Planning for Disaster: How Natural and Manmade Disasters Shape the Built Environment
Disasters, throughout the ages, have shaped the built environment. The way city planners, architects, engineers and politicians plan and design cities, buildings, highways, tunnels and bridges have all been fashioned to some degree by the mischievous hands of disasters. Planning for Disaster will trace the impact of natural and manmade disasters on urban planning, building design and the design of large-scale engineering projects such as bridges, tunnels and levees. The book will reference recent disasters such as the Loma Prieta Earthquake (1989), the Oklahoma City Bombing (1995), the 9/11 Terrorist Attack (2001), Hurricane Katrina (2005), as well as catastrophic events from history such as the burning of Rome in AD 64, the London fire of 1666, the New York fire of 1835, the Great Chicago Fire of 1871 and the 1906 San Francisco Earthquake and Fire.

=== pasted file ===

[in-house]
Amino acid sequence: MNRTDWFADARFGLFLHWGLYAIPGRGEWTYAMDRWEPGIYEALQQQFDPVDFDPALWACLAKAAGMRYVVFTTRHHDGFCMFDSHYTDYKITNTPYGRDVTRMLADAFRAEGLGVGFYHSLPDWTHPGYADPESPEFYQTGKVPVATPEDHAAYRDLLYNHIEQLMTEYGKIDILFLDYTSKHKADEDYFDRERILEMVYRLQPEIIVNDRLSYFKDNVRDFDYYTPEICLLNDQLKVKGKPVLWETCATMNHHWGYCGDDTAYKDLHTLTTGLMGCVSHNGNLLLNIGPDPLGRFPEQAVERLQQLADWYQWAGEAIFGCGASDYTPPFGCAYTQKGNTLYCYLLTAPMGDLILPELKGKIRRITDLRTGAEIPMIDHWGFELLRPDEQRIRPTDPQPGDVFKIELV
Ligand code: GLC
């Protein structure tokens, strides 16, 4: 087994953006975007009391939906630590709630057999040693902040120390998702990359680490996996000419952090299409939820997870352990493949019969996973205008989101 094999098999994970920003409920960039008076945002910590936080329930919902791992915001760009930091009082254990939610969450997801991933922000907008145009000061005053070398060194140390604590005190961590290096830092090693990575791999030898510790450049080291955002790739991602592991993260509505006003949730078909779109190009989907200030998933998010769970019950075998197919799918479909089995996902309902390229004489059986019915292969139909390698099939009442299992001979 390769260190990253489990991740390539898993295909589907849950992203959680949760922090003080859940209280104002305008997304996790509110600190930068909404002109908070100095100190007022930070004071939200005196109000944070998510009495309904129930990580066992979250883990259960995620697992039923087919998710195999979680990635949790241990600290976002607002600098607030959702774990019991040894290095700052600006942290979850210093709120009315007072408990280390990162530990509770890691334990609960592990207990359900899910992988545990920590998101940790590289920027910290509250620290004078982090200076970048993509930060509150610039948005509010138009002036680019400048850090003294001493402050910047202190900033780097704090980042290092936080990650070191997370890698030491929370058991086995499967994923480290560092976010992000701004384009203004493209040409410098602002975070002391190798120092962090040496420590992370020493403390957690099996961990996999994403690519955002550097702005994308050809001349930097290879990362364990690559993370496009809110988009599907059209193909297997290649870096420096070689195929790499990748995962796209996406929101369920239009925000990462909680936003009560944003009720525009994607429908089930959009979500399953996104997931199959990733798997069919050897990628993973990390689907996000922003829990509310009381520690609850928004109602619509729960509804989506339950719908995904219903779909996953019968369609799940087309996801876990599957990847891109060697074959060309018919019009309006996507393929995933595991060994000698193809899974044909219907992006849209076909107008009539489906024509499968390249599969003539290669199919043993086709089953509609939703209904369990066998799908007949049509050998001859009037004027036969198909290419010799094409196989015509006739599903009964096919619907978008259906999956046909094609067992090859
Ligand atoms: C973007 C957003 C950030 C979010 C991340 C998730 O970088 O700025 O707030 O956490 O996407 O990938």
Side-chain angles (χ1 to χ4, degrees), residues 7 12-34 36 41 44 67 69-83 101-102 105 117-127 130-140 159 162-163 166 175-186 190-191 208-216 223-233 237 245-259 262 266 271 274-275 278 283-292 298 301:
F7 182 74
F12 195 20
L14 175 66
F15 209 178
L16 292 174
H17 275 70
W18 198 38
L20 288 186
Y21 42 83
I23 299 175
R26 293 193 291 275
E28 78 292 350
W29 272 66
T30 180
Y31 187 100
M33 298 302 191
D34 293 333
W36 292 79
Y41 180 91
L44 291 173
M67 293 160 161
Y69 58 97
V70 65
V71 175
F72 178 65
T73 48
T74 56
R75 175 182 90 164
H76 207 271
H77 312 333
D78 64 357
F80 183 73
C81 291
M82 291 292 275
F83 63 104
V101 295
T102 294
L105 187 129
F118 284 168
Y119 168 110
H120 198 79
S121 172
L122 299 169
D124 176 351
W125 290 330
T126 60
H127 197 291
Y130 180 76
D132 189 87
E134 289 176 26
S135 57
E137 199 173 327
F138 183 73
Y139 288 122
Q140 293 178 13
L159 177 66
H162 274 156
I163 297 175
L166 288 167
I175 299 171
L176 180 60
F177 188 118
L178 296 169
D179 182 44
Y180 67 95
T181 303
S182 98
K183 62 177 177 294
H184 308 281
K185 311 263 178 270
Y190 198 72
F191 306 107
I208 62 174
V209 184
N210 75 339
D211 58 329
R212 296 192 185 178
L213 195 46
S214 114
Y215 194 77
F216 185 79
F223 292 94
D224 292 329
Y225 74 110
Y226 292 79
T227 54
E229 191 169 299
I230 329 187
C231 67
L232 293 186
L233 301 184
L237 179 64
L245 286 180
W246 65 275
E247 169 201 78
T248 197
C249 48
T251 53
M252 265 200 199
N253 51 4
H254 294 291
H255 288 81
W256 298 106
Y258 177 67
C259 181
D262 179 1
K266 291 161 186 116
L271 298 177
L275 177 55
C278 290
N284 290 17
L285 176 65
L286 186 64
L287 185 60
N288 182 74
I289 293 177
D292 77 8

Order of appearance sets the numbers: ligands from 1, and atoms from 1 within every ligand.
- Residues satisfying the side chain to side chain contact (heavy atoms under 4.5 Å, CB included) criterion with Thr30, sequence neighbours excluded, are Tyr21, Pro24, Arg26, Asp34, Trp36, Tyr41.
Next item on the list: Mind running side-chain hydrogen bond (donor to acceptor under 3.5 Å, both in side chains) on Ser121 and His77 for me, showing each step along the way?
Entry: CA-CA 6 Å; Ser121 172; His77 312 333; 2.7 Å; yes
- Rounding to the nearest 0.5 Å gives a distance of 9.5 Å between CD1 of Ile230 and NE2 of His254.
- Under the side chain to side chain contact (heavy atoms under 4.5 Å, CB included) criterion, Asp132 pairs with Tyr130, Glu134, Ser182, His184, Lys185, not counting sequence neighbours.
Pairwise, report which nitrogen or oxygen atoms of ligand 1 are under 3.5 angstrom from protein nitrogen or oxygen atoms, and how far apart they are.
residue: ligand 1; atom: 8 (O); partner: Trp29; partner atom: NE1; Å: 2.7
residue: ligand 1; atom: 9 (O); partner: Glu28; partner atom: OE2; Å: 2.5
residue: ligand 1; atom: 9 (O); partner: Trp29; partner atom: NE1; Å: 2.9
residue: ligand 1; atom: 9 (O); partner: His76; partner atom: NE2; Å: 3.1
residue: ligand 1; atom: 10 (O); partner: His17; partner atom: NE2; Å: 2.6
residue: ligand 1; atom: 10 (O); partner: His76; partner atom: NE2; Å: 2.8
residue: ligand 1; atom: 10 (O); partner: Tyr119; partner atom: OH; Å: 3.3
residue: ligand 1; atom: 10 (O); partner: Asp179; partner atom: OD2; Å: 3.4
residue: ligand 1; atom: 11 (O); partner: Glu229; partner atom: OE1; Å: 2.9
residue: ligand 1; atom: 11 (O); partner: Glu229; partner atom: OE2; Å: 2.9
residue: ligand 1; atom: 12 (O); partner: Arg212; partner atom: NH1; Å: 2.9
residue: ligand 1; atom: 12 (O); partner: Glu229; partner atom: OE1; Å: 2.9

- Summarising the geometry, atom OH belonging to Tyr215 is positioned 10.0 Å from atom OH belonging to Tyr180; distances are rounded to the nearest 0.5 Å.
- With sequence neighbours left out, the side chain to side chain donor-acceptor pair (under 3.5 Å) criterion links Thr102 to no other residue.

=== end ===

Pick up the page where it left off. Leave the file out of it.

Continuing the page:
Planning for Disaster will include approximately 25 illustrations (photographs and figures) in support of the text.